Autism and GI distress – GI problems in those with autism
Is leaky gut a concern?-
Is a pediatric gastroenterologist at the Children’s Center for Digestive Health Care / GI Care for Kids, whose books on nutrition for parents led him to start Nutrition4Kids with his co-founders.
Kids with Autism often can't tell us if they are having any pain anywhere. At the same time,
- Their parents are often concerned or wondering if they are having a stomach complaints, with pain, diarrhea or constipation
- There's also concern that kids with autism may have "leaky gut," where food proteins and substances (particularly gluten and milk) enter the body through the intestine then create a change in their behavior by affecting the brain and nervous system.
A study (RI Kushak and others, J Pediatric Gastroenterology Nutrition 2016 pages 687-91) compared 61 children with autism and 50 without, for intestinal inflammation, lactose intolerance, and leaky gut. The kids with autism didn't have more GI issues than other children. But like the others, they do have GI problems including inflammation and lactose intolerance. As a result, they need to be evaluated like everyone else. And it makes sense that when they have GI issues they are uncomfortable and that may affect their behavior. The problem, of course, is that they may not be able to communicate how they are feeling as well as other children. And that may explain their behavior more so than "a leaky gut" which seems to be less of an issue, at least according to this well-thought out study.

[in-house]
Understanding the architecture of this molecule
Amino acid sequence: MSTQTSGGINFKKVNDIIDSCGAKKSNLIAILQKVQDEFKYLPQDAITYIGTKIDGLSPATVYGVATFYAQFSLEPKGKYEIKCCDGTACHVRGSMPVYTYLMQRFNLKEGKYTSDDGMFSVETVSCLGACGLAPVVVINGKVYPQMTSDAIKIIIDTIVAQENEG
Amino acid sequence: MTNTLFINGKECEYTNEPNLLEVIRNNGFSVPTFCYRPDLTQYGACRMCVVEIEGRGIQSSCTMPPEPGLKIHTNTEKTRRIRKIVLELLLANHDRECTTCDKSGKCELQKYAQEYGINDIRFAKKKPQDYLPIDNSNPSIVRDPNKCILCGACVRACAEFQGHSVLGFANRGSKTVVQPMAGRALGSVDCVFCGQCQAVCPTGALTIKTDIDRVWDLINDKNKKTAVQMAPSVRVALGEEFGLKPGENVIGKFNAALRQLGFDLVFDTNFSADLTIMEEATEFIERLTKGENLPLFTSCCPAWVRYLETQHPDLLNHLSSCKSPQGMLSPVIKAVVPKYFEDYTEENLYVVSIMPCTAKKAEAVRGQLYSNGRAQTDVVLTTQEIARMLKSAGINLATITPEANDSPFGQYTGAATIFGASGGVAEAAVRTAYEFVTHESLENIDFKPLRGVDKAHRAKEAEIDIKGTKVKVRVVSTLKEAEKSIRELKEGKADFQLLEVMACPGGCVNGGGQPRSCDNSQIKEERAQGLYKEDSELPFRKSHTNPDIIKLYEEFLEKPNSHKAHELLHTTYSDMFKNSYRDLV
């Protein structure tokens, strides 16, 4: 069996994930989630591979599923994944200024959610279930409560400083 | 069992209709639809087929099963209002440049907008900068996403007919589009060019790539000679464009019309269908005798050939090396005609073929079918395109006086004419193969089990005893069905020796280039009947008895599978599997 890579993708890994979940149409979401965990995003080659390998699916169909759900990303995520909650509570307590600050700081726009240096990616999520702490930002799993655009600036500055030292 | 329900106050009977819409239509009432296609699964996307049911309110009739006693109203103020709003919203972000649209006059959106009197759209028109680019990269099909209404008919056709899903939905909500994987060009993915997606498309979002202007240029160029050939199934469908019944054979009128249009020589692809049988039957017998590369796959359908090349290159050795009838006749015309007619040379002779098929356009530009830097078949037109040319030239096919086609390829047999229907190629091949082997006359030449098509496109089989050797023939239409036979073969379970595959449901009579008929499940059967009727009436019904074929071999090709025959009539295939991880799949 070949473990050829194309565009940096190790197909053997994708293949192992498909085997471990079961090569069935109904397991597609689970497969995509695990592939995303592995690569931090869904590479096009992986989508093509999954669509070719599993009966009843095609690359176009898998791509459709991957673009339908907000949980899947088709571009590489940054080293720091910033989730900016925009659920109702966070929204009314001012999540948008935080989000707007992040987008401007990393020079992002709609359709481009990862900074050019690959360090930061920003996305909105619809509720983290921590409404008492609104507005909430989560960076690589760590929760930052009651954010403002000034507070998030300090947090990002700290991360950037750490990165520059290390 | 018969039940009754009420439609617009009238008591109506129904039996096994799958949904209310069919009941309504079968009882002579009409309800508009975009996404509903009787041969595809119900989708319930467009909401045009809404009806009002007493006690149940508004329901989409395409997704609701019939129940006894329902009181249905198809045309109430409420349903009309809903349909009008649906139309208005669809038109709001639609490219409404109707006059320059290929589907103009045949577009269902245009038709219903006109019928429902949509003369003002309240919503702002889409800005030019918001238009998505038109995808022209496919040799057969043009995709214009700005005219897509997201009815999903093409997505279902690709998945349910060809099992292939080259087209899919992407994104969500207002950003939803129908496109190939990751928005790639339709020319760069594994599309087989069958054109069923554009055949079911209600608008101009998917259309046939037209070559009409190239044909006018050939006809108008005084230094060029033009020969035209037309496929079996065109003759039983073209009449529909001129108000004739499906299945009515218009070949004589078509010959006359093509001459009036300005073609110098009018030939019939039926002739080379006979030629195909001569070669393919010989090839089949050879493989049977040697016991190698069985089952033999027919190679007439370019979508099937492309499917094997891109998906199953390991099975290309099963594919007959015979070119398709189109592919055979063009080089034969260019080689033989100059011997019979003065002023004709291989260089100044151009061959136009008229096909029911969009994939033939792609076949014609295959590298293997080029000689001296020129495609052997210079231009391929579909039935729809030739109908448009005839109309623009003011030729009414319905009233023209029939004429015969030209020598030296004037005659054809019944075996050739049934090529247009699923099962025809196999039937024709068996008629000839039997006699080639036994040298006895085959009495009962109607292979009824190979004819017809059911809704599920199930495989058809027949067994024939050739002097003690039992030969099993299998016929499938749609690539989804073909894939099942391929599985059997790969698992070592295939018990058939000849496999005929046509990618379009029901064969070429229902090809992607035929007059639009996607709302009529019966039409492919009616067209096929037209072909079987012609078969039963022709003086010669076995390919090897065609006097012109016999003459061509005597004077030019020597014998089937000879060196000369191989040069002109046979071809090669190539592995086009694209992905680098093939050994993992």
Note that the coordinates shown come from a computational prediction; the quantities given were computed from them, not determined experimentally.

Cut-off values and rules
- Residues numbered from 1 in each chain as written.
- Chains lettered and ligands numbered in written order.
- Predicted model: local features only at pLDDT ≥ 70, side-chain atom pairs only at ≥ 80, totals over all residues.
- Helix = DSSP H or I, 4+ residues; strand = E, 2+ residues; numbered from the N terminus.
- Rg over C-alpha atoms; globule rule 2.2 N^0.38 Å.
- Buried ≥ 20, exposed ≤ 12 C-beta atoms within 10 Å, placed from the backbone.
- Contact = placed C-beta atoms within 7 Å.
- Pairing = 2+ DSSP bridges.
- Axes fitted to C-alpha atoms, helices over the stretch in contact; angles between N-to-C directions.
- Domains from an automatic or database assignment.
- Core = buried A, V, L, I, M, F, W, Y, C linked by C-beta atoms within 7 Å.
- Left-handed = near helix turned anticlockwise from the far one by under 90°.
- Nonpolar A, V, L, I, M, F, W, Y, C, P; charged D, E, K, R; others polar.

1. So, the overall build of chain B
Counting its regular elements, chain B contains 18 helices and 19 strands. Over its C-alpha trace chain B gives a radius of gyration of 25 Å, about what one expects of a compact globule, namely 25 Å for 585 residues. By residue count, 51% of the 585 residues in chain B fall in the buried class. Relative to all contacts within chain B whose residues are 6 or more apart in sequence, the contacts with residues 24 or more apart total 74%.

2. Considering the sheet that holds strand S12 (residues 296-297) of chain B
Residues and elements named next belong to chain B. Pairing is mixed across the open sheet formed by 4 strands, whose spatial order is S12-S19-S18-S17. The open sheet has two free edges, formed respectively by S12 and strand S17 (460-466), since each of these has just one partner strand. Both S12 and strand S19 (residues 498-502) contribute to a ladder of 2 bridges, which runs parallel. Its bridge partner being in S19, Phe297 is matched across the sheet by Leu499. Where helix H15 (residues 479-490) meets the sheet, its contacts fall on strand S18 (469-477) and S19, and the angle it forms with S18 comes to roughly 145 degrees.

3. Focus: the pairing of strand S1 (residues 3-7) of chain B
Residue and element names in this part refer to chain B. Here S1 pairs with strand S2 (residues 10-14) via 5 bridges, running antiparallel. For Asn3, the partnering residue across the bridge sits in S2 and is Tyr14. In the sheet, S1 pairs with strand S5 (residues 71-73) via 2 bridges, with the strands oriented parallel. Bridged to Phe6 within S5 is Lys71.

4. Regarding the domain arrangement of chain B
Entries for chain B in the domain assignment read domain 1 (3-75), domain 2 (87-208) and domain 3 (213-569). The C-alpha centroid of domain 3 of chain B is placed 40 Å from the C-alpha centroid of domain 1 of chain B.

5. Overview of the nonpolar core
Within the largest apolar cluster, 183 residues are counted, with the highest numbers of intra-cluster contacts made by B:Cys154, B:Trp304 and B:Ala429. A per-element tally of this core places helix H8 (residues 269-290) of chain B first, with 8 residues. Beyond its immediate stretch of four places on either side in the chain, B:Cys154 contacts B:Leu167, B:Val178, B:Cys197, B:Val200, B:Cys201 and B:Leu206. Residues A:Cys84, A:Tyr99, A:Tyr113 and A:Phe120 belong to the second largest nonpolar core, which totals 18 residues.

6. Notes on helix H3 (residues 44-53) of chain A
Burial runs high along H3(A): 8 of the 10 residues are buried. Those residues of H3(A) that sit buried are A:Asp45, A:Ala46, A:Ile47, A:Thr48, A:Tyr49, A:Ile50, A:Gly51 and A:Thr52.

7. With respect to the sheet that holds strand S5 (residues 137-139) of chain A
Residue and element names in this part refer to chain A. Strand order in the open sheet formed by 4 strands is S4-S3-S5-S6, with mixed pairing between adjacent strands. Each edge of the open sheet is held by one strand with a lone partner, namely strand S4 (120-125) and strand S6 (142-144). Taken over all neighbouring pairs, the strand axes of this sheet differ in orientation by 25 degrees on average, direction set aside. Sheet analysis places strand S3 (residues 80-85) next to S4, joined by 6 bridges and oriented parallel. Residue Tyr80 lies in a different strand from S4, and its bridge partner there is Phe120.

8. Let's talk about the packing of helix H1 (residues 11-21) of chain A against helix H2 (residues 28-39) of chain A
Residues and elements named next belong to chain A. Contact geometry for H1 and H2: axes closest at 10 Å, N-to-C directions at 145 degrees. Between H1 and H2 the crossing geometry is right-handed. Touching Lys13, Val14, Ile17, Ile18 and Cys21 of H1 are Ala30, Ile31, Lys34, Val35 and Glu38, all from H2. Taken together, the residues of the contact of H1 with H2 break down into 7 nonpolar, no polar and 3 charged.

Subscribe Be the first to know